@ Josh Davis: On your last post you said “I …

Comment on Black lives: generations pass; racism, custody deaths continue by Wayne Maclean.

@ Josh Davis: On your last post you said “I can understand your thoughts on the statistics,” so that implies you agree with me that an Indigenous persons in prison is LESS likely to die than a non-indigenous person.
The Royal Commission into Aboriginal Deaths in Custody did not have the benefit of the National Deaths in Custody Program reports.
That came after, as it was initiated by the Royal Commission into Aboriginal Deaths in Custody itself.
Yes I agree with you, Indigenous persons are arrested and jailed at disproportionate rates. This is one of the real issues.
I believe that Australia has economically incentivised crime. The middle class Australians are struggling financially and the lowest income class is disillusioned.
If you are in the lowest income group and have alcohol and or substance addictions petty crime is way of supporting those addictions and jail is a poor man’s “rehab clinic”.
Josh, you talk about harrowing stories painting a disgusting picture of police neglect.
In 2017-2018 as per the facts in the NDICP report starting on page 11, there were three deaths of indigenous persons in police custody for all of Australia and none in the Northern Territory.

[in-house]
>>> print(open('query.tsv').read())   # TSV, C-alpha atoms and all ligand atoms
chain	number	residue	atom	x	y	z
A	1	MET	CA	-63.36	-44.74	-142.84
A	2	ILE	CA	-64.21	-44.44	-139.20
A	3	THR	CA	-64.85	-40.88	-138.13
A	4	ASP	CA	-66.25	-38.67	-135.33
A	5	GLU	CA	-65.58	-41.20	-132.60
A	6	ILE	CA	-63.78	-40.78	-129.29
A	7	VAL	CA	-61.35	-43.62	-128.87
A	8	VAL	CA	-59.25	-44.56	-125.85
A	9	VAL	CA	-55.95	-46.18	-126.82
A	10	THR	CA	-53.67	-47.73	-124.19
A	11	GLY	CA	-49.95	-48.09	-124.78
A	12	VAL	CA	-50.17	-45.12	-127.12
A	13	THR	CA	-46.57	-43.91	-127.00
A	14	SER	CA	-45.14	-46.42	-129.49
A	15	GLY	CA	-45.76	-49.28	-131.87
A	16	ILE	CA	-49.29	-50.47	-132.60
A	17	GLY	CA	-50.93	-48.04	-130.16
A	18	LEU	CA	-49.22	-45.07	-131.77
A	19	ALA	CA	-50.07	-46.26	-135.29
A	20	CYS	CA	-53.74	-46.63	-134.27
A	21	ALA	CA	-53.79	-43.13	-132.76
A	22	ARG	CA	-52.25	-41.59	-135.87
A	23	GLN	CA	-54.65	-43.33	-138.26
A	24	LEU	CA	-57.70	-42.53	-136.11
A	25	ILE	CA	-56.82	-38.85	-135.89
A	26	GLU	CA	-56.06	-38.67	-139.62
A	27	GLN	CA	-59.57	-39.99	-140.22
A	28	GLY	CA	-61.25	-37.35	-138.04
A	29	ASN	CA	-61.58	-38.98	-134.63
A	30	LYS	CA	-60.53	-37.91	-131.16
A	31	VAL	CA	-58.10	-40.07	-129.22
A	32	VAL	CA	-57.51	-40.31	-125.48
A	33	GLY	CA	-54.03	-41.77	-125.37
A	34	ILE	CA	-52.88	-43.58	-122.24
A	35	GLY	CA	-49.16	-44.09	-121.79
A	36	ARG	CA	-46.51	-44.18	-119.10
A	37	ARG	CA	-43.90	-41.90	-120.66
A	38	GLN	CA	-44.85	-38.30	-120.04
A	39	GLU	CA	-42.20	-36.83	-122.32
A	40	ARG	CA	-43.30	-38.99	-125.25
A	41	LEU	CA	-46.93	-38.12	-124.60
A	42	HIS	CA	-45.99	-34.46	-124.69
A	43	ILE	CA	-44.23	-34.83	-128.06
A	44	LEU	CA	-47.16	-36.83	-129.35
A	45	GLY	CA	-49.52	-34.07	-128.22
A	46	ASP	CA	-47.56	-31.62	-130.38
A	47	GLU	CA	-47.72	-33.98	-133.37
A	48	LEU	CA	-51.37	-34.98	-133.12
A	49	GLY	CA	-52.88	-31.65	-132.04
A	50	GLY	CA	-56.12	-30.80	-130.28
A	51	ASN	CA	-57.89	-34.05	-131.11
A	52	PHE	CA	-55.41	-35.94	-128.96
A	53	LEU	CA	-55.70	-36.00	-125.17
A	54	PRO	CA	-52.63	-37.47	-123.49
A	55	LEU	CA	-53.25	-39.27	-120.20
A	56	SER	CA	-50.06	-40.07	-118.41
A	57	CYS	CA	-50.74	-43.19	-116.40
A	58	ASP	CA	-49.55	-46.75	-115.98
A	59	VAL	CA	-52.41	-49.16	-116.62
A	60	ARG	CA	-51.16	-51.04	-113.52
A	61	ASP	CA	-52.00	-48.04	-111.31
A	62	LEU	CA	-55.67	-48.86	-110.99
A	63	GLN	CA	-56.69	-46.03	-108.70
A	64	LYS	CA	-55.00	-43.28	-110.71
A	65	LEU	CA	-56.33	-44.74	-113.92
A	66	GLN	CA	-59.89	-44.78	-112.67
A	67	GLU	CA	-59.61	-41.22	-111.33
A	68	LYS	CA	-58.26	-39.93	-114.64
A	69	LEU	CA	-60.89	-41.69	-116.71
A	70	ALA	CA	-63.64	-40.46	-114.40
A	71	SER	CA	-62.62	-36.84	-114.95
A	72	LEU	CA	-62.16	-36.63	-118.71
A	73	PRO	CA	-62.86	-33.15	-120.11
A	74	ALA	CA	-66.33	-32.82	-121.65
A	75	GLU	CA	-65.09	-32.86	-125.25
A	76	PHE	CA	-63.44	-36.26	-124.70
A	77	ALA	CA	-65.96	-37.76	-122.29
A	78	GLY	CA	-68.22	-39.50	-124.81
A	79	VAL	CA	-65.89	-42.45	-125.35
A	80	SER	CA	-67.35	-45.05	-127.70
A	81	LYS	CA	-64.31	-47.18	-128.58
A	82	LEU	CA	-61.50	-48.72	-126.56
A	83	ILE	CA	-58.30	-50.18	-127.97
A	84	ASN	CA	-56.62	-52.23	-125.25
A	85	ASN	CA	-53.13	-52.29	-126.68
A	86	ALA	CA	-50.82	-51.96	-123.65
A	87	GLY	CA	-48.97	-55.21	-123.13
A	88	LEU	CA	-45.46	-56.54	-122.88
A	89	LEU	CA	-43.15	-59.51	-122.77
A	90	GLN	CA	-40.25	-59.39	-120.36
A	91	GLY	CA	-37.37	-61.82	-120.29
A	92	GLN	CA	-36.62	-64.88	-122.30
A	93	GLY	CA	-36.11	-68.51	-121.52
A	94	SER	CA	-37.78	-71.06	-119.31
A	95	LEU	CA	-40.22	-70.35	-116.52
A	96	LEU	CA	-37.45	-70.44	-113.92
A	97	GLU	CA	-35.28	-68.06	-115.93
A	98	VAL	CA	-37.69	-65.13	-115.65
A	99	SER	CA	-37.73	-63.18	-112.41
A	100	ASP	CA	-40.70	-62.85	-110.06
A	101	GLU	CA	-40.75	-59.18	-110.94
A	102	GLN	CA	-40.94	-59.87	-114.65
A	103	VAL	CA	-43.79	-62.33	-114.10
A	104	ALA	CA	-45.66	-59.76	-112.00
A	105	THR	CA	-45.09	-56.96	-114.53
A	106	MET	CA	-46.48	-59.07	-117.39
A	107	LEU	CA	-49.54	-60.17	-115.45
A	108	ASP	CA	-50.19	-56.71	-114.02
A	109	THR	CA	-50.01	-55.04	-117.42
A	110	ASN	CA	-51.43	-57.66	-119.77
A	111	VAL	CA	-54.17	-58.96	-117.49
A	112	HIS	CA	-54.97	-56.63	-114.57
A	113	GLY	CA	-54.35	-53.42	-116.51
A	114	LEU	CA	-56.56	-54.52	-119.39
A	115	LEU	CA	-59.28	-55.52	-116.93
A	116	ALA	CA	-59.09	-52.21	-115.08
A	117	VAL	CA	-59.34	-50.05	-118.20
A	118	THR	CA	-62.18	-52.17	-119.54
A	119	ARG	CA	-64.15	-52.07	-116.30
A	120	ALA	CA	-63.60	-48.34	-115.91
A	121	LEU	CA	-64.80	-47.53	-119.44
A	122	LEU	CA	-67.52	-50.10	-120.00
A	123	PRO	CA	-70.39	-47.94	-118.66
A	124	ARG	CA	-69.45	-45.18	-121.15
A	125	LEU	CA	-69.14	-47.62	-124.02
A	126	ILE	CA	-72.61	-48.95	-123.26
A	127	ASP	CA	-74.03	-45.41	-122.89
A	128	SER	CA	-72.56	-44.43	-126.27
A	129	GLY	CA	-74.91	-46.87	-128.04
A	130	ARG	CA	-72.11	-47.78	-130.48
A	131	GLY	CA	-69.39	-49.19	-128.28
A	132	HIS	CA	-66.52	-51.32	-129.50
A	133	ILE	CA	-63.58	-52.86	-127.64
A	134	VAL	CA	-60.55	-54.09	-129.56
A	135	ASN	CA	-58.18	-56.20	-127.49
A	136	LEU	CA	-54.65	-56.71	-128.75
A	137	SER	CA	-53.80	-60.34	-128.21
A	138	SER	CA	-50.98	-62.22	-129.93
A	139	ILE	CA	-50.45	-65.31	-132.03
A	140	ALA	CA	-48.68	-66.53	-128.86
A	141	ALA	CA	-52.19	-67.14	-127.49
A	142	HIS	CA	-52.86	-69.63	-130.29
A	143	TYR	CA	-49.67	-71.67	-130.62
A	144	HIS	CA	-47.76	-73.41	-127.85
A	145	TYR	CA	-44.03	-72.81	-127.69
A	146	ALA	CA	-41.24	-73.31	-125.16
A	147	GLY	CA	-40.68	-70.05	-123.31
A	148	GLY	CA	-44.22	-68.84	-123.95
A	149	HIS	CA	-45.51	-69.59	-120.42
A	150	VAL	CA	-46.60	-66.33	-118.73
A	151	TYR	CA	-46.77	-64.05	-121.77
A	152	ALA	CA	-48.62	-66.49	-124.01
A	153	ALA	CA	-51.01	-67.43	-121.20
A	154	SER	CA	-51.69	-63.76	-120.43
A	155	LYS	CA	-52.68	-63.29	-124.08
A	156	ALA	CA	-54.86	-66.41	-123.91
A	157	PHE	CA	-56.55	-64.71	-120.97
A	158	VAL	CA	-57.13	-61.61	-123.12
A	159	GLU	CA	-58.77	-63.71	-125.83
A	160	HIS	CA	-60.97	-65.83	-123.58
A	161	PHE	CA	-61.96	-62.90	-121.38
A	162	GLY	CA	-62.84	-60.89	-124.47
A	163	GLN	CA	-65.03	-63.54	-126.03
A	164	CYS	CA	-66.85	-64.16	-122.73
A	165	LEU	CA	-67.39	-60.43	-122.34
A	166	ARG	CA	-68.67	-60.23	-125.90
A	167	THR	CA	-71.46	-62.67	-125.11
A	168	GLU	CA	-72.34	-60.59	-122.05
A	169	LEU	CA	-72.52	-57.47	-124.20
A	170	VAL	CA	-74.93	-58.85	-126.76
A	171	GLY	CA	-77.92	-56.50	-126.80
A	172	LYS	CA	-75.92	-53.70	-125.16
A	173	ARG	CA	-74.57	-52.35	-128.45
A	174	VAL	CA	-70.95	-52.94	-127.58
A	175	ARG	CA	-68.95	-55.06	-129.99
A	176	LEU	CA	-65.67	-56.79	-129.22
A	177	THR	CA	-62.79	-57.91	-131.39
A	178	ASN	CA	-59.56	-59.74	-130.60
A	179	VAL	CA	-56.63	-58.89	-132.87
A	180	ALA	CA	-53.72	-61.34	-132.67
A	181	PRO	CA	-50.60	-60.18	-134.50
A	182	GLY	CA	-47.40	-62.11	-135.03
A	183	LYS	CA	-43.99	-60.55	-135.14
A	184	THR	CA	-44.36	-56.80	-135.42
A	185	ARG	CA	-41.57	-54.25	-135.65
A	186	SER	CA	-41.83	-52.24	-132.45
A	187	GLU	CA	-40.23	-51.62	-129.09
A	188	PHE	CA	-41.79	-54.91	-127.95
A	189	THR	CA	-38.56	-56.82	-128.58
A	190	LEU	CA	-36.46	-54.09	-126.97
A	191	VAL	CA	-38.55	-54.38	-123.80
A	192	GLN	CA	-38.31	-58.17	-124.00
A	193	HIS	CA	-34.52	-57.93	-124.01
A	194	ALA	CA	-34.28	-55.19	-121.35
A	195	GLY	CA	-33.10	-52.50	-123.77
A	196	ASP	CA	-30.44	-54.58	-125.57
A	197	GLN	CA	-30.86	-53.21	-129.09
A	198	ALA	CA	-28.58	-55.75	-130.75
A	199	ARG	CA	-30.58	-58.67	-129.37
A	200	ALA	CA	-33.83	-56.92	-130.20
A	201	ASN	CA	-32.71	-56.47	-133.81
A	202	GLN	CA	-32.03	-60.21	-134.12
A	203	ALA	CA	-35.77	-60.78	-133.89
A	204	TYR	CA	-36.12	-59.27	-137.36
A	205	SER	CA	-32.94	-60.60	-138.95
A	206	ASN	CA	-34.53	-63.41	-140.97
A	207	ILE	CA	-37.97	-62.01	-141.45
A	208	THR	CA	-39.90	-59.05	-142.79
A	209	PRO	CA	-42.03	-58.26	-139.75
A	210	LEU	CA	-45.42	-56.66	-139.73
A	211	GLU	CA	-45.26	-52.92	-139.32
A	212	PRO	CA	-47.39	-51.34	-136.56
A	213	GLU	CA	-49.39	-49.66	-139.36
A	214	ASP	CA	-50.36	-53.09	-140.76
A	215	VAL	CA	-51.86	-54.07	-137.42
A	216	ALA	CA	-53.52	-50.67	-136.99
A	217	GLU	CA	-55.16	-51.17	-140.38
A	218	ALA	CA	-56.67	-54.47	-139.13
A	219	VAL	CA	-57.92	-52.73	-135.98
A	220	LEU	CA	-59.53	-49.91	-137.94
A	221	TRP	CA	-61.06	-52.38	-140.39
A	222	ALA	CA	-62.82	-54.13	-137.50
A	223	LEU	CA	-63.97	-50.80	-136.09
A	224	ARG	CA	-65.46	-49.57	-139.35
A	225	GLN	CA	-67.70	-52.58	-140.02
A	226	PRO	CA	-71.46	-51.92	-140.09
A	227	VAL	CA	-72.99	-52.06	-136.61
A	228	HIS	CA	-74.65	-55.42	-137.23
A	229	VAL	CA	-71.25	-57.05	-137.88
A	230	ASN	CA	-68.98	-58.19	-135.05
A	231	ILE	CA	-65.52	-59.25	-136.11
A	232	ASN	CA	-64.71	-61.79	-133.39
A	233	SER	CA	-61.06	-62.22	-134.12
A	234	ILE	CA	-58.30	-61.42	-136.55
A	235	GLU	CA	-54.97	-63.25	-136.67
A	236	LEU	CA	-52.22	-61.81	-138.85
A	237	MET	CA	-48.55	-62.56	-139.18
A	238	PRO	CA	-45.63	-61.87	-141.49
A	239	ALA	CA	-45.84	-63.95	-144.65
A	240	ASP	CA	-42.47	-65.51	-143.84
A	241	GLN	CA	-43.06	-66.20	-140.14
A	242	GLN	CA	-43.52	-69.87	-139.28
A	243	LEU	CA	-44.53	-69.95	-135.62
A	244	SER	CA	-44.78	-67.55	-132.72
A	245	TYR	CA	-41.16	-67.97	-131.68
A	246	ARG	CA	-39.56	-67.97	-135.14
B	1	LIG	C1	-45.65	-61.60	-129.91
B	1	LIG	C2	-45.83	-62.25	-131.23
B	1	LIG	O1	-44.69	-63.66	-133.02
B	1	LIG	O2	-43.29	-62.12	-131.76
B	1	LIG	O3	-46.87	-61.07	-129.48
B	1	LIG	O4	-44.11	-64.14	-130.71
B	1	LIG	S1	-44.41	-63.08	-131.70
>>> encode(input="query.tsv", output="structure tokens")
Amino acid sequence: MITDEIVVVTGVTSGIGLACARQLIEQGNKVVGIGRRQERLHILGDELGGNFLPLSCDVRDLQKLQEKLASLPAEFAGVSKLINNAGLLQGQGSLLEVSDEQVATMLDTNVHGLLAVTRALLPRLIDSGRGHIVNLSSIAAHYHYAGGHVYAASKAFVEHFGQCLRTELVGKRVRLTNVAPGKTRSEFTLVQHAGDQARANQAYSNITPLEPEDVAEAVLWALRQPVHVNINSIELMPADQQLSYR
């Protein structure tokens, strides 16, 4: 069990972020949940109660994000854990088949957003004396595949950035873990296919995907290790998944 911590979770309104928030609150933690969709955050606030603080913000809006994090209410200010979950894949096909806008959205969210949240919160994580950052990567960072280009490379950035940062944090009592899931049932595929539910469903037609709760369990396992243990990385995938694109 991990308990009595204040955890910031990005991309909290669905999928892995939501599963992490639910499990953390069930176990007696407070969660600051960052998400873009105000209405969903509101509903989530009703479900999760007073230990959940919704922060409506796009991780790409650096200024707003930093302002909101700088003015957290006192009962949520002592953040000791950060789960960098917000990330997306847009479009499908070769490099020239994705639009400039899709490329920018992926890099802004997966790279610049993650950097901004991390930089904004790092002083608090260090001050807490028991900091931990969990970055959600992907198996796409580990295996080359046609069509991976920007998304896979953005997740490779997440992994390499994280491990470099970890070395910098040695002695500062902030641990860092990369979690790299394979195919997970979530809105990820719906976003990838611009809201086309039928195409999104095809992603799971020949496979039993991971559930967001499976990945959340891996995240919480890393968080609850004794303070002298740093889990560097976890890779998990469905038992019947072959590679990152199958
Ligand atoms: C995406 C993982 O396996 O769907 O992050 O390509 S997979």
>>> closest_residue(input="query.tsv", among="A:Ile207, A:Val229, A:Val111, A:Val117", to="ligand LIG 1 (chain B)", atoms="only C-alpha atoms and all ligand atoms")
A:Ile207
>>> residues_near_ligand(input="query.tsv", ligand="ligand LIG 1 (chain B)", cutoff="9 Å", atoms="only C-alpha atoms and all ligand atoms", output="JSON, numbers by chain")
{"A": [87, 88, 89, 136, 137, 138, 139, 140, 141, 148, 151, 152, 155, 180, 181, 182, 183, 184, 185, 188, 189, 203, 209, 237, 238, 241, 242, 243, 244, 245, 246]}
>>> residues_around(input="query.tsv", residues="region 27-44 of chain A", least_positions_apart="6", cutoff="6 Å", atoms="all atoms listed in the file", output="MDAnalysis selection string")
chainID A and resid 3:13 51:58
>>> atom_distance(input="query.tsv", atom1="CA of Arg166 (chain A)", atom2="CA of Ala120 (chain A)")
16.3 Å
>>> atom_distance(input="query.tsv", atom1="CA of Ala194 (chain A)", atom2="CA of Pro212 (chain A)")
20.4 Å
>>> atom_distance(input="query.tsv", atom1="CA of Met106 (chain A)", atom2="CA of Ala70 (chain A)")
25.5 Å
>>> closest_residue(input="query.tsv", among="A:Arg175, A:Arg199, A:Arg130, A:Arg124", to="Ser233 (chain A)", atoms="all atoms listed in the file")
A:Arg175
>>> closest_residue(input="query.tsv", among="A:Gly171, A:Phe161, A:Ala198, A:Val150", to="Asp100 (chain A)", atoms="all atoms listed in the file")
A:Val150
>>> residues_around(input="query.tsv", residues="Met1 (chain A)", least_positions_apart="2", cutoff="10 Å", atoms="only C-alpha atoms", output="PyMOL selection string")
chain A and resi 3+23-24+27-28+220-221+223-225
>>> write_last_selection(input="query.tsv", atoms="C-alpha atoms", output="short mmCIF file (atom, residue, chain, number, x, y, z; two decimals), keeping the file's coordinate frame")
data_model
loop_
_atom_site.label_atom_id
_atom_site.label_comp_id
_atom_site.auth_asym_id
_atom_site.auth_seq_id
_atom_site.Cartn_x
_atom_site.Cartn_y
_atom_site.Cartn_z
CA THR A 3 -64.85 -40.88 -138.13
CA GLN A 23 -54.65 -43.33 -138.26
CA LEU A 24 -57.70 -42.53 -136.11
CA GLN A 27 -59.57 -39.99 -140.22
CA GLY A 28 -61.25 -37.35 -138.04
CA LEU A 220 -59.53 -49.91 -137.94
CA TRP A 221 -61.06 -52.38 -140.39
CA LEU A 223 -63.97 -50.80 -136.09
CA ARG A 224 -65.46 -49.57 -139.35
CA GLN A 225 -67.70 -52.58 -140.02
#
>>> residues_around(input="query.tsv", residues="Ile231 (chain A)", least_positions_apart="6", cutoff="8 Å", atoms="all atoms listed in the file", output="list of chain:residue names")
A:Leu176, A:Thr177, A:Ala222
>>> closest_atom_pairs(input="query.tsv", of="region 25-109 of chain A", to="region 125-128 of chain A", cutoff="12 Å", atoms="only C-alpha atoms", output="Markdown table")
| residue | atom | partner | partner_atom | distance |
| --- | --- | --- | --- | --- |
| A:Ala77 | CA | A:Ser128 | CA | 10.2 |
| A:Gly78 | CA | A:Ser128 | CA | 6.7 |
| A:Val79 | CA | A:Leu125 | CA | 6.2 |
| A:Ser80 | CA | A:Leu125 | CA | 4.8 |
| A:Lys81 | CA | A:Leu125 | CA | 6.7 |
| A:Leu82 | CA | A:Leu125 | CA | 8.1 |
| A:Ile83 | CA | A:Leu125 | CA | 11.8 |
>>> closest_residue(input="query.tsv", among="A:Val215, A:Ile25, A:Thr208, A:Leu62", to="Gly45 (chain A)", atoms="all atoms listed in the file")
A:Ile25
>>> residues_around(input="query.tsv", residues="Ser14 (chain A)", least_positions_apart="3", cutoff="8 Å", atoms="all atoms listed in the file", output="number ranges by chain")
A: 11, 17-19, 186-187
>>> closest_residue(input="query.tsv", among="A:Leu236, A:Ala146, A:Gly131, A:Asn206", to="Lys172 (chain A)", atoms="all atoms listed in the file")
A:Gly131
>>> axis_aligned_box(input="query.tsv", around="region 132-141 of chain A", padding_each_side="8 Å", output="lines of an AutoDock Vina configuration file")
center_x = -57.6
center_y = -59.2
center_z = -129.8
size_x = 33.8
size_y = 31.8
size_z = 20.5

One of the deaths was recorded as natural.
Compare this to the amount of harrowing stories and terrible violet injuries that present at the Alice Springs hospital every day and the death from drink driving and payback. The two “accidental” Indigenous deaths in police custody for the whole of Australia, pale into a very small percentage of indigenous harm.
@ Ralph Folds: I agree with you culture is an issue. The demand share culture worked when, people were fully engaged in a traditional hunter gather lifestyle but completely fails in present day Indigenous groups that have low employment and high alcohol and substance addictions.
There is so much misinformation about the real issues. The mainstream media’s practice of focusing on social division to create a sensational emotional stories that increase viewer / reader numbers, is also part of the problem.
If all black lives matter, people need to respectfully talk about the real issues and then find a better way.

Wayne Maclean Also Commented

Black lives: generations pass; racism, custody deaths continue
@ Josh Davis. Good point Josh Davis, as you say, “Indigenous Australians only make up around 2% of Australia’s total population, so making up 20% of the deaths in custody is staggering.” This is terrible. However it is statistically incorrect to compare the 20% deaths in Custody to the 2% of Australia’s population, because the whole population of Australia is not in custody. (I made this mistake as well approximately two weeks ago. Thank you for correcting me M.)
Sadly indigenous Australians make up approximately 28% of the persons in custody!! To be statistically correct you must compare the indigenous 28 % of the prison population to 20% of deaths in prison of indigenous people. This means if you are indigenous person in prison you are LESS likely to die than non-indigenous person.